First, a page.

Rain barrel bill tabled in Colorado Senate with promised vote to come
March 30, 2016
For the second year, a rain barrel legalization bill was clogged in the Colorado Senate Agriculture Committee.
House Bill 1005 was created to allow people to collect rainwater — something limited with Colorado's current water laws.
But, just like last year, Sen. Jerry Sonnenberg, R-Sterling, tabled the bill Thursday. Last year's attempt at legalizing rain barrels was never brought up again. But Sonnenberg said a vote can happen as early as March 30.
But if it does, Sonnenberg said his vote will be against the bill as it stands.
The biggest point of contention for him comes from the lack of ability to monitor the barrels, which would hurt junior water right holders. Junior water holders are those who have water rights, but — because of prior appropriation laws — are lower on the priority list from taking water sources.
Advocates for the bill said the barrels wouldn't take away enough water to hurt the water holders. Despite that, there isn't support for holding the rain barrel owners responsible for a possible lack of water.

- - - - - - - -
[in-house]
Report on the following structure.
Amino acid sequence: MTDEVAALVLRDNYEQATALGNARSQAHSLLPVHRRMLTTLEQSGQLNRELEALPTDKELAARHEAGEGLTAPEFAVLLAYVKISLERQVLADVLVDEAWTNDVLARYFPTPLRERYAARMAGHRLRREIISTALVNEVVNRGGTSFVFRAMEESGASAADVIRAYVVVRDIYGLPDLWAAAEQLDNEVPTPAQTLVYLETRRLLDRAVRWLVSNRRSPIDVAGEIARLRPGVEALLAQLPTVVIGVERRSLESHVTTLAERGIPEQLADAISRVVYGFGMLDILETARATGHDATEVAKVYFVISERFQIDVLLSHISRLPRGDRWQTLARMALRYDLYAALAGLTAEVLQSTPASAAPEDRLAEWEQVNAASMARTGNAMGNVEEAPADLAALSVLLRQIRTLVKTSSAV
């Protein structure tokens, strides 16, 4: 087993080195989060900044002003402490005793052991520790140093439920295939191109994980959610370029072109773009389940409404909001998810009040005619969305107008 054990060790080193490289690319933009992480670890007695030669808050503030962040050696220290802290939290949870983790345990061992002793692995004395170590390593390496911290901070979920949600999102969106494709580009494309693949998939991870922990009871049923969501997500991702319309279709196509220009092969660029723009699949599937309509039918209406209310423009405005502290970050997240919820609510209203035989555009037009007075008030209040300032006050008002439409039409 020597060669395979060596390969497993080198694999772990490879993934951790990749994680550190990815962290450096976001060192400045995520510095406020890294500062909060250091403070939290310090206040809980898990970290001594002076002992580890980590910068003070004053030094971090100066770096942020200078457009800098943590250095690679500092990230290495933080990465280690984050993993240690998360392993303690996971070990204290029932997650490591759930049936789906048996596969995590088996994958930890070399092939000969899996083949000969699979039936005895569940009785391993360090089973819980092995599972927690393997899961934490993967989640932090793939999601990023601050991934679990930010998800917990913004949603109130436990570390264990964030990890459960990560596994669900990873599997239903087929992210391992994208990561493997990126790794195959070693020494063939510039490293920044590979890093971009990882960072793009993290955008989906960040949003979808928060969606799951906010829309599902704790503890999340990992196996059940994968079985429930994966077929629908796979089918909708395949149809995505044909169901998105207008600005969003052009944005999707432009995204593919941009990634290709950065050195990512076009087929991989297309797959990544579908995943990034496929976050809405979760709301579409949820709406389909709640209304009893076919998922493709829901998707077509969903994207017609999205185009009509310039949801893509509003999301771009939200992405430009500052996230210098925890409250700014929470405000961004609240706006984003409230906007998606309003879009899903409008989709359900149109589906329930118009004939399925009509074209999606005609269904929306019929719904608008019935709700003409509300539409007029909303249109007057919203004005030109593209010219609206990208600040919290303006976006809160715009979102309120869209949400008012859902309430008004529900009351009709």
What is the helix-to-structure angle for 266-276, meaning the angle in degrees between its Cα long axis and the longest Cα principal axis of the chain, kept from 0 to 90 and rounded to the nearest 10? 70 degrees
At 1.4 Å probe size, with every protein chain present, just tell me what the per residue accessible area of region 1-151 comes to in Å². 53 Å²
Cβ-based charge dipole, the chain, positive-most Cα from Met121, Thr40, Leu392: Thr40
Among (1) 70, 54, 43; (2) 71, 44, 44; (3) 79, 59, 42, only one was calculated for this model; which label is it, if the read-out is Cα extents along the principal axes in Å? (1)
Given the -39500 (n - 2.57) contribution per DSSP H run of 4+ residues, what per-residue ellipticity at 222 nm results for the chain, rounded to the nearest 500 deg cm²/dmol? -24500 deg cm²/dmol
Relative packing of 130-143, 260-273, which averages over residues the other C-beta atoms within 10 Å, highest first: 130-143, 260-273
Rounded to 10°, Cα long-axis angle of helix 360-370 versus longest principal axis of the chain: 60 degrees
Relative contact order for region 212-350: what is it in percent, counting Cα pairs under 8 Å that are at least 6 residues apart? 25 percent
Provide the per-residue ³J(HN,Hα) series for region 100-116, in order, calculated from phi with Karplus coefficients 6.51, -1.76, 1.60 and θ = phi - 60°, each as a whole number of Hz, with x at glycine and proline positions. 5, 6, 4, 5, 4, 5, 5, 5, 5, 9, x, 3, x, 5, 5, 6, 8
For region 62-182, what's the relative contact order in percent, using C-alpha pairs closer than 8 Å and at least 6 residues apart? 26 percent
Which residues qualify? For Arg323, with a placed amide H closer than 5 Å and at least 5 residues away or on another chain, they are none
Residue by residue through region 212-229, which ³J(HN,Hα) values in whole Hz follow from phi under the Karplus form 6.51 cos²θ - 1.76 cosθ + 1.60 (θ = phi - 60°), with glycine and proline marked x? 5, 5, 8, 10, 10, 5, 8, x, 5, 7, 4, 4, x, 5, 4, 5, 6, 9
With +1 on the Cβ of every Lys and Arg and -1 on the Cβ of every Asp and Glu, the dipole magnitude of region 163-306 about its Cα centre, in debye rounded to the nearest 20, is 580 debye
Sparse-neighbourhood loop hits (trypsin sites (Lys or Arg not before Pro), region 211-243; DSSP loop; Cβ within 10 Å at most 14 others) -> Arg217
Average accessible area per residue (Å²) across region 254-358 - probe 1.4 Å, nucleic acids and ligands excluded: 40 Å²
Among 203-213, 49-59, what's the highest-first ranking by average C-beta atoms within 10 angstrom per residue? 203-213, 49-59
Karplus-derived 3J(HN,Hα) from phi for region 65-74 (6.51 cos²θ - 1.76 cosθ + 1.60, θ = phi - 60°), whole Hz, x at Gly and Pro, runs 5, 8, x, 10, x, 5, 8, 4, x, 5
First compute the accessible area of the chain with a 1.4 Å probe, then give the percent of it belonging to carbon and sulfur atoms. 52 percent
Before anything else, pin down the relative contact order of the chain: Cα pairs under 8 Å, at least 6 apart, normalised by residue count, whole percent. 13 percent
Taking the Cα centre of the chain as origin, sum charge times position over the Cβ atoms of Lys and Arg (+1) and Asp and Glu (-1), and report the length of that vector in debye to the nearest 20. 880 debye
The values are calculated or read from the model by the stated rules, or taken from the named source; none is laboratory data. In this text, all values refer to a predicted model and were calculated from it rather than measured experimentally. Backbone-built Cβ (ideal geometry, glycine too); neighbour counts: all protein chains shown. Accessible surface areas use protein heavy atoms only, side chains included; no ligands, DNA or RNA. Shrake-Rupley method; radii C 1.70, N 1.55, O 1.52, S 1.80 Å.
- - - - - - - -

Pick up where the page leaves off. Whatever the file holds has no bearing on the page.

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"If there isn't an impact, why would they be worried about a statue," Sonnenberg said.
Brian Werner, spokesman for Northern Water said the company isn't taking a stand on the bill. He however thinks the what if's are the biggest obstacle for the bill.
"I think it's a perception issue," he said.
Part of that comes from looking at the issue in worst-case scenarios. A study conducted by Colorado State University researchers looked to see how much rain barrel collection would take away from downstream. The study concluded that it would take high volumes of people collecting rain to actually take away from the downstream. Werner said the likelihood is, only some people would take advantage of the two 55-gallon barrel limit.
However, Sonnenberg said he saw flaws with the study, as the researchers who presented results contradicted what they said about runoff. Sonnenberg said, initially, there is no accountable rain runoff, and then later said the presenters said there was.
"The CSU study was a flawed study," Sonnenberg said. "I have lost confidence in the CSU water institute."
Since this year is the second time a legalization bill for rain barrel is making its way through the House Senate, Werner said the expanded time to examine the bill will help get a vote this year.
There are only four states with prior appropriation laws that have legalized rain barrels, and in Colorado, those who own wells are already able to collect rain water via rain barrels. ❖